A number of cities are showing that the charter sector is best able to reliably create and grow high-performing schools. NewSchools Venture Fund just released a short report on its Boston Charter School Replication Fund. It invested $12 million and helped double the size...

There are two basic arguments for charter schools’ existence, note Michael McShane and Jenn Hatfield: First, by taking advantage of flexibility not afforded traditional public schools, they can raise student achievement. Second, they can use that freedom and deregulation to create a more diverse set of schools than might otherwise come into being. There is an increasingly robust body of evidence on charter schools’ academic performance. Far less is known about the second aspect. So how diverse is the nation’s charter sector?

The short answer is: more diverse than you might expect, but less than we might hope. McShane and Hatfield ran the numbers on 1,151 schools, which combine to educate nearly half a million students in seventeen different cities. Based on each school’s description of its own mission or model, they were divided into “general” or “specialized” schools. Within the latter category, schools were further divided in thirteen sub-types, including “no-excuses,” STEM schools, progressive, single-sex, etc. There’s an even split between generalized and specialized schools, with the most common types being no-excuses and progressive.

The pair also found significant variation between cities. They contend that these distinctions are driven by demographics, the age and market share of each...

In early May, a coalition of stakeholders from business, philanthropy, and education organizations in Cincinnati announced a bold new public-private partnership called Accelerate Great Schools (AGS). The nonprofit organization is modeled after a similar program in Indianapolis known as the Mind Trust. In Indy, the Mind Trust is accomplishing some pretty remarkable things, including attracting established reform organizations and charter operators with proven records, and funding fellowships for talented people with ideas that have the potential to transform education. But what makes Cincinnati the right place to implement such a daring venture, and what exactly is AGS trying to accomplish?

Part of the reason why Accelerate Great Schools is coming together in Cincinnati—and has a chance to be successful—is because education in the Queen City has a lot going for it already. The school district, Cincinnati Public Schools (CPS), has implemented community learning centers (CLCs). CLCs are schools that offer more than academics. They also provide health services such as eye centers, dental clinics, and mental health counseling; after-school programs and tutoring; parent and family engagement programs; early career and college access services; mentoring; and arts and recreational programming for students, families, and the...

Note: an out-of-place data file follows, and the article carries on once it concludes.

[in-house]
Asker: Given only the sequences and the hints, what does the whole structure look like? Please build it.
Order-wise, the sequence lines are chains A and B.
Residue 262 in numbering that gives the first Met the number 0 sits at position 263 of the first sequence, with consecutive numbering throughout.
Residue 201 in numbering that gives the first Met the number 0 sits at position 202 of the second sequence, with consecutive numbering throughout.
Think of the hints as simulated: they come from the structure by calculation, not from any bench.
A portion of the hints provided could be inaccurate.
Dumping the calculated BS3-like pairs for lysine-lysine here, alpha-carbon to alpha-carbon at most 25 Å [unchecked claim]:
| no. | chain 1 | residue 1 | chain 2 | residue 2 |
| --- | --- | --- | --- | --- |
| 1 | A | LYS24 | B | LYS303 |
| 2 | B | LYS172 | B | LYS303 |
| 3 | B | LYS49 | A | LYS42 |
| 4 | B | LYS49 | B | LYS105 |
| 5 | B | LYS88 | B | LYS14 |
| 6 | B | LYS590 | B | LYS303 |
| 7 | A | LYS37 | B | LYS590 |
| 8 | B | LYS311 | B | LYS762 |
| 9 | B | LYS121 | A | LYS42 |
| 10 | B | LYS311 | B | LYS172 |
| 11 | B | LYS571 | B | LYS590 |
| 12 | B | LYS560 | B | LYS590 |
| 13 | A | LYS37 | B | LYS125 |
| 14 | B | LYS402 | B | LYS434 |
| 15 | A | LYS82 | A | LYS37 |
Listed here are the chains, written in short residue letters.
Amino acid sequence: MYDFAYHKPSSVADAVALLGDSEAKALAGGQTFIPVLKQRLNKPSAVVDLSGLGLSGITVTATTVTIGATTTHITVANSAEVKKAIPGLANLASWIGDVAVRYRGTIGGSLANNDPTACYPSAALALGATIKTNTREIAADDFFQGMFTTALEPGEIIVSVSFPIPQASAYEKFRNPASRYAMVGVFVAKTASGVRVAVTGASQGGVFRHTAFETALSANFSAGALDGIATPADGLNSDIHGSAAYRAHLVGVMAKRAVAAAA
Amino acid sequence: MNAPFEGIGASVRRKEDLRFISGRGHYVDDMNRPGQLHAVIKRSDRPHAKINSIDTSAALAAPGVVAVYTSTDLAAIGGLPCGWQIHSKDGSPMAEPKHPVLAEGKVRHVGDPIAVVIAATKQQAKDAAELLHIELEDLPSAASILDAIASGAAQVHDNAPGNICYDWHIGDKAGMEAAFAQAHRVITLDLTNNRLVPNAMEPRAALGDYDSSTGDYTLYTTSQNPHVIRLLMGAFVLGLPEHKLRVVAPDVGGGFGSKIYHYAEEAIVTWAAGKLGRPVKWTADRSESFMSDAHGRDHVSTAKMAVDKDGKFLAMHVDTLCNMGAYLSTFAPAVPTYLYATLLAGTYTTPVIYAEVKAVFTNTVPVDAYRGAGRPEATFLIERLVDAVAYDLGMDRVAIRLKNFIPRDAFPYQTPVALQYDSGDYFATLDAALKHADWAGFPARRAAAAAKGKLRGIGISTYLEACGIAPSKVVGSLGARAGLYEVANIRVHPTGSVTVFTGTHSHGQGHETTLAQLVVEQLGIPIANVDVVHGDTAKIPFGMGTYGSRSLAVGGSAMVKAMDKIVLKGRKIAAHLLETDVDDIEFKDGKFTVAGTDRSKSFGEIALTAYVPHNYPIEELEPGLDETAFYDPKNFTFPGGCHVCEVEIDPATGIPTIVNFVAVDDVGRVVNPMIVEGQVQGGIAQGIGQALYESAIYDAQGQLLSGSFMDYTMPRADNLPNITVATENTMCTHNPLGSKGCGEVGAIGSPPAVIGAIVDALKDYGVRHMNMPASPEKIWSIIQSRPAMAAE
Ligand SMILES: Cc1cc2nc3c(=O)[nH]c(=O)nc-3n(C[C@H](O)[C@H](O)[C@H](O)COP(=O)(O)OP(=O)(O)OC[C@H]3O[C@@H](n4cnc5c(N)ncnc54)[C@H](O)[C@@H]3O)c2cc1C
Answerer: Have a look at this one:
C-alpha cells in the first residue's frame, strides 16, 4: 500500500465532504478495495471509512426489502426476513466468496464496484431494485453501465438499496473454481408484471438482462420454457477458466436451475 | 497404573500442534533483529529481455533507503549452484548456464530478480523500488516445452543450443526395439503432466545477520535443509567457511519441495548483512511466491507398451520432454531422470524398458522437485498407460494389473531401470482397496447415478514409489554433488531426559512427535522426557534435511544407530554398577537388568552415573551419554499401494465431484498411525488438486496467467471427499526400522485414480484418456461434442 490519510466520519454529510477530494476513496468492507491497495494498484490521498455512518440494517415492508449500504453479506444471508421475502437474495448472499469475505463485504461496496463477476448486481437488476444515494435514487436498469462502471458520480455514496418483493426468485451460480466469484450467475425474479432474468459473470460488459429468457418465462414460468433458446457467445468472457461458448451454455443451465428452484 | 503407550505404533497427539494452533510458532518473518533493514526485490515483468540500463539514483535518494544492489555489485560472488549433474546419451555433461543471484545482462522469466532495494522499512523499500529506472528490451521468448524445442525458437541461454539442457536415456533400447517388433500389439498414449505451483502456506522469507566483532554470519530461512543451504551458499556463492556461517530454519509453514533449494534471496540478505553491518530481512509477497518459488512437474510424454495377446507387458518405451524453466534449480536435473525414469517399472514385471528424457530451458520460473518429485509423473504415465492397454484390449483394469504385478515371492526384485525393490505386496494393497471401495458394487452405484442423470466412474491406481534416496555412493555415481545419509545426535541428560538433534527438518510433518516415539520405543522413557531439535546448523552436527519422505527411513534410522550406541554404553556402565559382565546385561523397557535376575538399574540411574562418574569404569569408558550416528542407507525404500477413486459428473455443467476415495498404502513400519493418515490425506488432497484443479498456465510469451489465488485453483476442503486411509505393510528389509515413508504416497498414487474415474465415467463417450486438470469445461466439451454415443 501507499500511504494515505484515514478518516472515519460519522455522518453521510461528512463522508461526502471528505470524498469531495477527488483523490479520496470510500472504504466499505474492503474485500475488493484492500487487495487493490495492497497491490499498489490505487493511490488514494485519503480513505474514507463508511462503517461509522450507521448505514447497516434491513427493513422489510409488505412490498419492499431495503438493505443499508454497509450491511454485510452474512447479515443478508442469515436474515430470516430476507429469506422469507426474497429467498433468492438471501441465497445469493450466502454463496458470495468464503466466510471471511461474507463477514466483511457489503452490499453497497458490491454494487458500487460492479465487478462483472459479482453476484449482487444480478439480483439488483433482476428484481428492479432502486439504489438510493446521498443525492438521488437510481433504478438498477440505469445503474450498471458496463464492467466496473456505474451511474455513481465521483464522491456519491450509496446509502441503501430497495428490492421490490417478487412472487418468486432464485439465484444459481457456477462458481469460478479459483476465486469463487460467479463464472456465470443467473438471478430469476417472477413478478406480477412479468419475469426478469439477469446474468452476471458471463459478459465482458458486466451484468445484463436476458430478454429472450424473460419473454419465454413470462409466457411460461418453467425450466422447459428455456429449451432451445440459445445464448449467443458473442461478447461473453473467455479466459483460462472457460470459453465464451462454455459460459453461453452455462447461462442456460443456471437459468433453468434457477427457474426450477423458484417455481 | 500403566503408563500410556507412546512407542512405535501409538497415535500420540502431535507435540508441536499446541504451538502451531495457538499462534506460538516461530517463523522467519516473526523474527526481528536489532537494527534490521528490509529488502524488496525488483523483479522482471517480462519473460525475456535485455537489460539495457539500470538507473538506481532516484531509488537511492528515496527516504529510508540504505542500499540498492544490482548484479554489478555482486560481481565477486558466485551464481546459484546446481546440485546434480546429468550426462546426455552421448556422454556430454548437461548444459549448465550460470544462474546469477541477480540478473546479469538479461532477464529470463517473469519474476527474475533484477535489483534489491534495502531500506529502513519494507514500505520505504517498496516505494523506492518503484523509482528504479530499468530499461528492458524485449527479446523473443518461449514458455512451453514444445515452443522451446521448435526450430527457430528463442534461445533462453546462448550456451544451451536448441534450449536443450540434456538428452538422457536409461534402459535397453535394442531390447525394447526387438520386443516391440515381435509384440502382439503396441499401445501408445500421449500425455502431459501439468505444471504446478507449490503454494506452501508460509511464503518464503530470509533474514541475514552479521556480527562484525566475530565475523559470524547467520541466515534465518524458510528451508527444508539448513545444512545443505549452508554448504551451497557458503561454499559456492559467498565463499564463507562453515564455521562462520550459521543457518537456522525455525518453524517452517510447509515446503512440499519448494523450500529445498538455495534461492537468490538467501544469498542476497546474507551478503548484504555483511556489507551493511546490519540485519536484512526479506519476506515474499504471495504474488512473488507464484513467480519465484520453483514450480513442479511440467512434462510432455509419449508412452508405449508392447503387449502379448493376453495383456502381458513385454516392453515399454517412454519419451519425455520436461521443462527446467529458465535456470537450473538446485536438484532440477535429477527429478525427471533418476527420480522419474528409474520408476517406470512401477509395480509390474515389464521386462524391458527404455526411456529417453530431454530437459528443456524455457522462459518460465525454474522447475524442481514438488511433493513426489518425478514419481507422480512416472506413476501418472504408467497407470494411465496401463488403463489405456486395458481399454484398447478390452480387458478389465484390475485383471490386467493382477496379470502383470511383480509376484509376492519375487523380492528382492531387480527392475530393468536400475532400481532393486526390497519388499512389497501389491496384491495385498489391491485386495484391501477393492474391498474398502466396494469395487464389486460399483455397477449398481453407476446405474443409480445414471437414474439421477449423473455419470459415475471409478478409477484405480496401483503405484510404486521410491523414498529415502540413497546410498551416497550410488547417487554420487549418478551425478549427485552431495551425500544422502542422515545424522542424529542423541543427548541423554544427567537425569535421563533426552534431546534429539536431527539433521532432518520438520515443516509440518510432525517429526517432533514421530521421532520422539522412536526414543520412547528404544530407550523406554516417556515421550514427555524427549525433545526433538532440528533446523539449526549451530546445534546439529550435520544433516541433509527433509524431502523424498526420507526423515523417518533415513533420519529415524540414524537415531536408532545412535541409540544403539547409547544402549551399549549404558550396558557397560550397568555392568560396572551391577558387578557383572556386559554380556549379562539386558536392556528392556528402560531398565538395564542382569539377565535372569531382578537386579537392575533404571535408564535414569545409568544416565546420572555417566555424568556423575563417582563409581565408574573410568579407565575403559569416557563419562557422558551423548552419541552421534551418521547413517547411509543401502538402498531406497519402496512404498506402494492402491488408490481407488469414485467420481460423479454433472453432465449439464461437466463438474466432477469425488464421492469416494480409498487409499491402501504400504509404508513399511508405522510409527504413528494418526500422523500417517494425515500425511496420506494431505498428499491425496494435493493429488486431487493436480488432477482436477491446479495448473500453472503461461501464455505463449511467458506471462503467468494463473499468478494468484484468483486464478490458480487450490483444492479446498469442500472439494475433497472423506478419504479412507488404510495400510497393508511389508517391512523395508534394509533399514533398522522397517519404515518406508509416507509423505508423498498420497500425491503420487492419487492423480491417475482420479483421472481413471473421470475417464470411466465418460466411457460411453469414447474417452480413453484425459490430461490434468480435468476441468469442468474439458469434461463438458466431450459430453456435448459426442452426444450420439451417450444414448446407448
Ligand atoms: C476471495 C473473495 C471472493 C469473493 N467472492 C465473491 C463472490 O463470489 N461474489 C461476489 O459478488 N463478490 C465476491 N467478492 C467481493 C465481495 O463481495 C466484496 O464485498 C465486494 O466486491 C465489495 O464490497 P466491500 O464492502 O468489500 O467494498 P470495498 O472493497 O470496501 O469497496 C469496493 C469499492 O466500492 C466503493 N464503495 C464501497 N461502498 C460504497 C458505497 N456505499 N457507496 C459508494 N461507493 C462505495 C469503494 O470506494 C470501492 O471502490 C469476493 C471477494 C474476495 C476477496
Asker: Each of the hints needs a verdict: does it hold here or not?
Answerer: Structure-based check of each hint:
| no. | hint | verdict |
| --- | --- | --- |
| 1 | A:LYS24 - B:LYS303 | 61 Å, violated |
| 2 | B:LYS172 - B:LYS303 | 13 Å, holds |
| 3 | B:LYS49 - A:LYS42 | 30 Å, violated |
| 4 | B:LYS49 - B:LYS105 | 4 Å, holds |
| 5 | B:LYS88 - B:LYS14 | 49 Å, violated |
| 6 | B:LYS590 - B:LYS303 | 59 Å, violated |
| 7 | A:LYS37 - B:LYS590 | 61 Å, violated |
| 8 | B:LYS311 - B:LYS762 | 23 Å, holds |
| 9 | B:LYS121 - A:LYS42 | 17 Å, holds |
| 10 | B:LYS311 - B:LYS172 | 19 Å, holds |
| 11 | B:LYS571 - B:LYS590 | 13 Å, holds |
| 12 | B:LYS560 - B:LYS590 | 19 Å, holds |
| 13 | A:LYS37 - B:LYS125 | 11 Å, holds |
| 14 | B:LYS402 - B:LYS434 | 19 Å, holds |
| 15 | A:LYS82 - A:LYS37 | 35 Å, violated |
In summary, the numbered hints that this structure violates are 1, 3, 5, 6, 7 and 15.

Reporter Richard Whitmire recently discovered the Building Excellent Schools (BES) fellowship program while interviewing a number of its graduates, leaders of high-performing charter schools across the country. The program allows promising charter school leaders to learn from the best practitioners in the field, to forge vital connections, and to see firsthand the importance of a strong leadership team. Over the years, BES has imparted these skills to many educators who have gone forth to lead new charter schools with the zeal of pioneers.

We here at Fordham have seen firsthand what Whitmire describes, because Columbus, Ohio is home to BES Fellow Andrew Boy—founder and chief executive officer at the United Schools Network (USN). Since Andy completed his BES fellowship and started his first school in a tiny church in 2008, he and his team have created a network of four schools successfully serving approximately 560 students in low-income neighborhoods in Columbus.

According to USN’s 2014 Annual Report, 89 percent of seventh graders at USN’s Dana Avenue campus scored proficient or higher on the reading portion of the Ohio Achievement Assessment. That’s five percentage points higher than all Ohio public school students. Students in USN’s Main...